The diversity of planting at Benington Lordship offers visitors something to see all year round.

The season begins with the flowering of snowdrops and hellebores in February. The snowdrops have naturalized around the moat and castle ruin and a snowdrop walk was planted along the old inner bailey in the early twentieth century.

The formal rose garden was replanted in 2016 with four weeping pear trees (Pyrus Salicifolia) underplanted with Rosa Kent and tulips and enclosed by box hedging. The wilderness bank behind the formal area is now planted with a wealth of spring bulbs, linking the area to the snowdrop walk beyond.

The long, double herbaceous borders run downhill from east to west, framed by a wall on one side and yew hedge on the other. They are an unsophisticated mix of old fashioned plants including favourites such as lupins, delphiniums, achilleas, asters, clematis and geraniums, and change constantly from May to September.

The walled kitchen garden has raised beds in the upper half which are used for growing fruit and vegetables. Meanwhile, the lower half was redesigned in 2019 to create two meadow areas for spring bulbs and wildflowers and ornamental beds around the walls with multi stemmed Prunus serrula, Amelanchier and grasses.

The garden features three spring fed pools which feed into two ponds. The larger pond has been restored as a carp pond – probably its original purpose at the time the Norman keep was built. The lower pond was fenced in 1996 and is a haven for birds and dragonflies.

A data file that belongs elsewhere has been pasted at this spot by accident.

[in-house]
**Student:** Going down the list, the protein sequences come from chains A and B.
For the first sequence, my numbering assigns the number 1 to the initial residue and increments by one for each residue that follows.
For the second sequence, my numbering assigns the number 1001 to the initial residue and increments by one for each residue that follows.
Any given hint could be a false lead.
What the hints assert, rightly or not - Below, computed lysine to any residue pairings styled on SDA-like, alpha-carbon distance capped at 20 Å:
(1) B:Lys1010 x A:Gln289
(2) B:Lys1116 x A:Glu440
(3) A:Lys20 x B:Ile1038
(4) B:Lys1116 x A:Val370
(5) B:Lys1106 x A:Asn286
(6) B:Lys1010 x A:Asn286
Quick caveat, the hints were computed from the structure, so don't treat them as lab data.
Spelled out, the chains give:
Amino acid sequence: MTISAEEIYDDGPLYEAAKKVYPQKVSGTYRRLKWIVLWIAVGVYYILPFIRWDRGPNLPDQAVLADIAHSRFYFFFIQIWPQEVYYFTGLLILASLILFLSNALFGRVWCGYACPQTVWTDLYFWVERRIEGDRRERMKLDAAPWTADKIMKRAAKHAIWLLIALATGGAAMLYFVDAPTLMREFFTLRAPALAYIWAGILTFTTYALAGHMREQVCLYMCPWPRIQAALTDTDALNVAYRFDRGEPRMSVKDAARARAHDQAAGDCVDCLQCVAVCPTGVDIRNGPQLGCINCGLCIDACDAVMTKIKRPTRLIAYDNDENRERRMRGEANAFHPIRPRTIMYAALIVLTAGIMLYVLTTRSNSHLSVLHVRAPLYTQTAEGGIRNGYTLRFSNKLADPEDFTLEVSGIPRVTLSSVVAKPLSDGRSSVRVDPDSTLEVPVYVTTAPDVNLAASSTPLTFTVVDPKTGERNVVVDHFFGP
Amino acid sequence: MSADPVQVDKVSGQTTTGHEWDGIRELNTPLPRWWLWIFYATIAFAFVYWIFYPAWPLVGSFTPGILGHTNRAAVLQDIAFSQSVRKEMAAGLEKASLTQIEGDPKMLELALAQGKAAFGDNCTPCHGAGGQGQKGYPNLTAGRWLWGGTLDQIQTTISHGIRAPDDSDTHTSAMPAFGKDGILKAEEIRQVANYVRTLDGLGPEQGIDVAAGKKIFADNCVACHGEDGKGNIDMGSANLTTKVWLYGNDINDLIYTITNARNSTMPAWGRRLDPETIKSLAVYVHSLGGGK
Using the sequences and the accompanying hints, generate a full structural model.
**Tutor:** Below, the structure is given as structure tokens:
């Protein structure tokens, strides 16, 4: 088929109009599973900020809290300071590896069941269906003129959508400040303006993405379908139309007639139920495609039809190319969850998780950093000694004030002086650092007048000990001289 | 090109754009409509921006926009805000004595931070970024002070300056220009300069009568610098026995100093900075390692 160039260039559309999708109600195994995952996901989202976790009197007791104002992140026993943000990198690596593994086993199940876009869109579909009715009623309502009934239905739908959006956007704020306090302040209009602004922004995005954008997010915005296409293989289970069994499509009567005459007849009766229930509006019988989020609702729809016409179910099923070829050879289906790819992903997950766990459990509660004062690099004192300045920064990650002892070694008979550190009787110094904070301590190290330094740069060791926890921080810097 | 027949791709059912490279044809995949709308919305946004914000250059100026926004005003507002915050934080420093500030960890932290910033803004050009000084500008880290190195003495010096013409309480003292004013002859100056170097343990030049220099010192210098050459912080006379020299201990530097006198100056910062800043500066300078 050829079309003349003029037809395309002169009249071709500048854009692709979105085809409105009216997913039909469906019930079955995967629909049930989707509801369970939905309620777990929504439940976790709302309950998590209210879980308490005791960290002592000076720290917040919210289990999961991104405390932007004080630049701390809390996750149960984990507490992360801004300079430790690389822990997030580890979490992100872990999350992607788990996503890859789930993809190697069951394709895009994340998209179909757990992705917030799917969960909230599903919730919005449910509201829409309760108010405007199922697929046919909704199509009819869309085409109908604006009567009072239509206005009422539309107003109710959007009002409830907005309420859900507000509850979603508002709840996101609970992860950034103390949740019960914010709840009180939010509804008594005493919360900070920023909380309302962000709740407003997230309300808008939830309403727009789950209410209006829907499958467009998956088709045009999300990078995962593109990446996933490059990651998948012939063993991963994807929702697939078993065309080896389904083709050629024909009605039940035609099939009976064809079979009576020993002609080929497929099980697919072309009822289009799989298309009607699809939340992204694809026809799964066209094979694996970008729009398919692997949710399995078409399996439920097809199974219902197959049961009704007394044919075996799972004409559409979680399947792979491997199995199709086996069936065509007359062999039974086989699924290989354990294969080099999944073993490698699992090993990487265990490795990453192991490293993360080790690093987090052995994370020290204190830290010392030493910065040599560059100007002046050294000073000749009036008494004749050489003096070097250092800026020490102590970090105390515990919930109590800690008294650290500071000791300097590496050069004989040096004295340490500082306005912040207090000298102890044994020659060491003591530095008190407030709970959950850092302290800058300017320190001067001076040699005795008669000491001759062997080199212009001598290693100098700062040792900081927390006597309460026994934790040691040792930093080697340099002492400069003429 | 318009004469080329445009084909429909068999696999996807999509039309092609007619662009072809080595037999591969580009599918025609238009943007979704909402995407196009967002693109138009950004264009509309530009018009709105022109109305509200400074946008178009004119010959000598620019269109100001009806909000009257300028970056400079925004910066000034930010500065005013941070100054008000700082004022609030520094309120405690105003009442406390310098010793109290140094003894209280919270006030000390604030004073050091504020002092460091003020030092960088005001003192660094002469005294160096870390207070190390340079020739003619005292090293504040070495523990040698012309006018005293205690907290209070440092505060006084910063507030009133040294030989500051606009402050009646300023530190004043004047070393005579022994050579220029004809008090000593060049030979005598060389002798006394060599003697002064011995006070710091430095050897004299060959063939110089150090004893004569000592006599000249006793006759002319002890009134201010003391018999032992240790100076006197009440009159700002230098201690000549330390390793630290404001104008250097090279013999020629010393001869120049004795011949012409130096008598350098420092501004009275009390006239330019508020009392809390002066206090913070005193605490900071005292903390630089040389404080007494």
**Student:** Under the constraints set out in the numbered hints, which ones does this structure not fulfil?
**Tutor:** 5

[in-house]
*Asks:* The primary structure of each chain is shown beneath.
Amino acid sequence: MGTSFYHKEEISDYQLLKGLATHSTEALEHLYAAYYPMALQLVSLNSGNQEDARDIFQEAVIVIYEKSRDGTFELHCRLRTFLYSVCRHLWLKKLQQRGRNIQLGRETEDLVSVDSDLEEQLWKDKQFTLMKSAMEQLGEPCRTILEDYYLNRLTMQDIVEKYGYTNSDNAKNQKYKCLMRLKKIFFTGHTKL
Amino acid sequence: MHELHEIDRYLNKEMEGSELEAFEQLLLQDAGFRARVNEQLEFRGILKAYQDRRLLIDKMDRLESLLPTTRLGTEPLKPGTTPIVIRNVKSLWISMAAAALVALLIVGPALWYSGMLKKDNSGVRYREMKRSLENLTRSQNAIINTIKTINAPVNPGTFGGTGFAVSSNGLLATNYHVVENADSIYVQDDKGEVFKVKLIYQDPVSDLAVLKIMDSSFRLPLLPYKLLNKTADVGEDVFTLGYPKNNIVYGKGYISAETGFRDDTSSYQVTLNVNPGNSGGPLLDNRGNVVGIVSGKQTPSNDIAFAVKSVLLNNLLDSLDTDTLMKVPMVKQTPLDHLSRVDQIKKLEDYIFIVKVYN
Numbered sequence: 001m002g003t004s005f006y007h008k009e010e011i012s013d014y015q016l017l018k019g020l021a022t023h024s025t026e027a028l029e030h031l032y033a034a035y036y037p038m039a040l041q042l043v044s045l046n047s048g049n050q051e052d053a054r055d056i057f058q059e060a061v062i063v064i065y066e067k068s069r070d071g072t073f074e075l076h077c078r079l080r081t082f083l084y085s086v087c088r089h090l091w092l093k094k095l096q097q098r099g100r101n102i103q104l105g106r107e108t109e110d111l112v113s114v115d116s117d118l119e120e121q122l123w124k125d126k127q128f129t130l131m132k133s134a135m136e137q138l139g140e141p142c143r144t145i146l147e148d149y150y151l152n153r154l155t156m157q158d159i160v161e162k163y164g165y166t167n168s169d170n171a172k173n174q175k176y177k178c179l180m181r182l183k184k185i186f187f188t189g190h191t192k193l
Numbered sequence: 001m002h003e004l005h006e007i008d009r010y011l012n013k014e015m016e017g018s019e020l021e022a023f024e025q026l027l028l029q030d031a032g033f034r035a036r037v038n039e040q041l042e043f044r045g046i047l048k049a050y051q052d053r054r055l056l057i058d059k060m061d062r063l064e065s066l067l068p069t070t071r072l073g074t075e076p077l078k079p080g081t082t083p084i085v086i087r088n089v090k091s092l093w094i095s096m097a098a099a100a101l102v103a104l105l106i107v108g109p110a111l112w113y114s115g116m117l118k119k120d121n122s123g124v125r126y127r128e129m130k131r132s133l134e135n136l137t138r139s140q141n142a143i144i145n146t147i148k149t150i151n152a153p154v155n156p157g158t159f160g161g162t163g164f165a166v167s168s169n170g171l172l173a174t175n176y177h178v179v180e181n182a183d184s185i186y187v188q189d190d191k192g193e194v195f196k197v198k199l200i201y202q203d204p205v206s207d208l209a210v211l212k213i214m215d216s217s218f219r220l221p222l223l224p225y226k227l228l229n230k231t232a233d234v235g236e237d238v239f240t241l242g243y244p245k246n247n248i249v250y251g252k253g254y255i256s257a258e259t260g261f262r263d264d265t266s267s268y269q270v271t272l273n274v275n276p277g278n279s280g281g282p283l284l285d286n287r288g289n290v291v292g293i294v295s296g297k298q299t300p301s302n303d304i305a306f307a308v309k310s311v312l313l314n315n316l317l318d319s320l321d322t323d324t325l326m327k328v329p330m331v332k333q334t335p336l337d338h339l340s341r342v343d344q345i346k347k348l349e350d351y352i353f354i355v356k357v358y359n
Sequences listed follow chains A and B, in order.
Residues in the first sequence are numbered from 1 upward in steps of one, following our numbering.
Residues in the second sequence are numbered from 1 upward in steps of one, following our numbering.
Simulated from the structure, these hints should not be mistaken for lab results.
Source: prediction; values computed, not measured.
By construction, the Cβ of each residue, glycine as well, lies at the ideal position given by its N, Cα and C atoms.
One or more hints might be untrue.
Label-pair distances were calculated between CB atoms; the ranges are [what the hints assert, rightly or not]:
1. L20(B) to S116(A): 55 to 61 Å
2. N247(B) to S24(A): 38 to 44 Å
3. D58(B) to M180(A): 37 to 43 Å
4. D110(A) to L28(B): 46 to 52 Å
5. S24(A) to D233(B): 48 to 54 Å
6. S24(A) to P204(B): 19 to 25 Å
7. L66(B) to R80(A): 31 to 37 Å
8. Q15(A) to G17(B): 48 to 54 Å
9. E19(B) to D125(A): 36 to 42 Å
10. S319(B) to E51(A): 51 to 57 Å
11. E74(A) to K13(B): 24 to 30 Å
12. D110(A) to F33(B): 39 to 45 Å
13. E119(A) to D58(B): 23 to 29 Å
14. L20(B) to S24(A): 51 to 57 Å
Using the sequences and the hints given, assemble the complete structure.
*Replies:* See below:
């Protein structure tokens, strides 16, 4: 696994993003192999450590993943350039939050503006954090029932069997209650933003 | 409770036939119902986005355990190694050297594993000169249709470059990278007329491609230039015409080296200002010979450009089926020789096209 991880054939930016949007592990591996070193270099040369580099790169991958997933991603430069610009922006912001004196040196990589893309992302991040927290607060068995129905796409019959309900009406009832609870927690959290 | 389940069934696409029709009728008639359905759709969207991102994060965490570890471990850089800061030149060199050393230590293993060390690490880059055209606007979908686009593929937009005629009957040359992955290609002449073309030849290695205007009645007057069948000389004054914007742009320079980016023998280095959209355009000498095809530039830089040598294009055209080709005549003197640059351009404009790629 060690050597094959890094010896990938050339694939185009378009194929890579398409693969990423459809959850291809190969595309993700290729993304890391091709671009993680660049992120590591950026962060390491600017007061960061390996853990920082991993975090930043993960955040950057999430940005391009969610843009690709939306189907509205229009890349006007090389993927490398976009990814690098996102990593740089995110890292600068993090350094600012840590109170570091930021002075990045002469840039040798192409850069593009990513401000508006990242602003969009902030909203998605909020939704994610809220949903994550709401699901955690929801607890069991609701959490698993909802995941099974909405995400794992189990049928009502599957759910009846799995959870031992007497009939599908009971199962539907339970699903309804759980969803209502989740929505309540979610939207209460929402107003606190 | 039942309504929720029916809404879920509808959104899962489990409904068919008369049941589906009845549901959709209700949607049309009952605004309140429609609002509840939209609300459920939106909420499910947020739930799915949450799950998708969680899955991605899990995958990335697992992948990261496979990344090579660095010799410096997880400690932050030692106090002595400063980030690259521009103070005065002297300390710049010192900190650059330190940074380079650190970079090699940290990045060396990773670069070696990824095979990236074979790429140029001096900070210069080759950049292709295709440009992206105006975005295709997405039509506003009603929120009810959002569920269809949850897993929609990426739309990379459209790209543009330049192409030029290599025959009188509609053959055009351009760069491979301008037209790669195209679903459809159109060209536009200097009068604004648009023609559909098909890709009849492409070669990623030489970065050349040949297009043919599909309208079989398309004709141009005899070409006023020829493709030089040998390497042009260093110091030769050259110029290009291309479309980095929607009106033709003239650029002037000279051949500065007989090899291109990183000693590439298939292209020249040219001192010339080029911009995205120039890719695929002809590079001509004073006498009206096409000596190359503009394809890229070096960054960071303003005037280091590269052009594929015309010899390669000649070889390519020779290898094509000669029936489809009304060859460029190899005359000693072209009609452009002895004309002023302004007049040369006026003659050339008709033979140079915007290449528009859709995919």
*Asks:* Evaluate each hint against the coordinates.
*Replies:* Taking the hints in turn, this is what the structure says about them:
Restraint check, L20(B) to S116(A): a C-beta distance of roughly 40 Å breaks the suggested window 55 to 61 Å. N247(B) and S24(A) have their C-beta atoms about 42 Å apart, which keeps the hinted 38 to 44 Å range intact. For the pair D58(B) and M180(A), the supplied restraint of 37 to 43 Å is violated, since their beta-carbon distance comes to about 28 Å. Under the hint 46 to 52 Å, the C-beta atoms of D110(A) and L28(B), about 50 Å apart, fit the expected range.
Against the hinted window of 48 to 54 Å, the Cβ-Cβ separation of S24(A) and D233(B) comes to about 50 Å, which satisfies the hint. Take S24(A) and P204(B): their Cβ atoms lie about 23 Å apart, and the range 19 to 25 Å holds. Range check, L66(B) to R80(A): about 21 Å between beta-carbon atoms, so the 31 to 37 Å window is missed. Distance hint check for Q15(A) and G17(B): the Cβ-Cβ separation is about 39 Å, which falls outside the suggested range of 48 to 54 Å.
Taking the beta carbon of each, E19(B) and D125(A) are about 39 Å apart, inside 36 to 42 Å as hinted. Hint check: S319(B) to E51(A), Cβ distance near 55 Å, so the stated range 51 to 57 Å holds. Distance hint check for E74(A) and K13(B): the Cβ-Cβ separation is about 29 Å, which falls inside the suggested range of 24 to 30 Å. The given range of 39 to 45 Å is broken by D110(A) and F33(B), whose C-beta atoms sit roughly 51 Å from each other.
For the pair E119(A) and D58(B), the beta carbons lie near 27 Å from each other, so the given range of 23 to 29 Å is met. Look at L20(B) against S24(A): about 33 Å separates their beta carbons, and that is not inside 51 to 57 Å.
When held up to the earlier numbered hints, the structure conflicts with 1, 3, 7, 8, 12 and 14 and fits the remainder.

Much of the garden is managed with wildlife in mind and many of the banks are planted with spring bulbs or wild flowers such as cowslips and primroses. The grass is left long in these areas to enable insects to flourish and the bulb foliage to die back naturally. The mature apple trees in the orchard are also important for wildlife, particularly the birds that feed on insects during the summer and the windfalls in autumn.


Benington Lordship is a private family home and the garden is only open on selected dates throughout the season, as listed below. There is no public access to the grounds outside the advertised hours.

The tea room is open from Monday to Saturday 11-4pm during February only, when we serve homemade soup, cream teas, tea, coffee and cakes. On all other openings, and on Sundays in February, refreshments are available in the parish hall in aid of St. Peter’s Church or village groups.

For pre-booked parties, outside normal opening hours, tea and coffee can be arranged when making a booking.

To arrange a group visit please contact us via our enquiry form.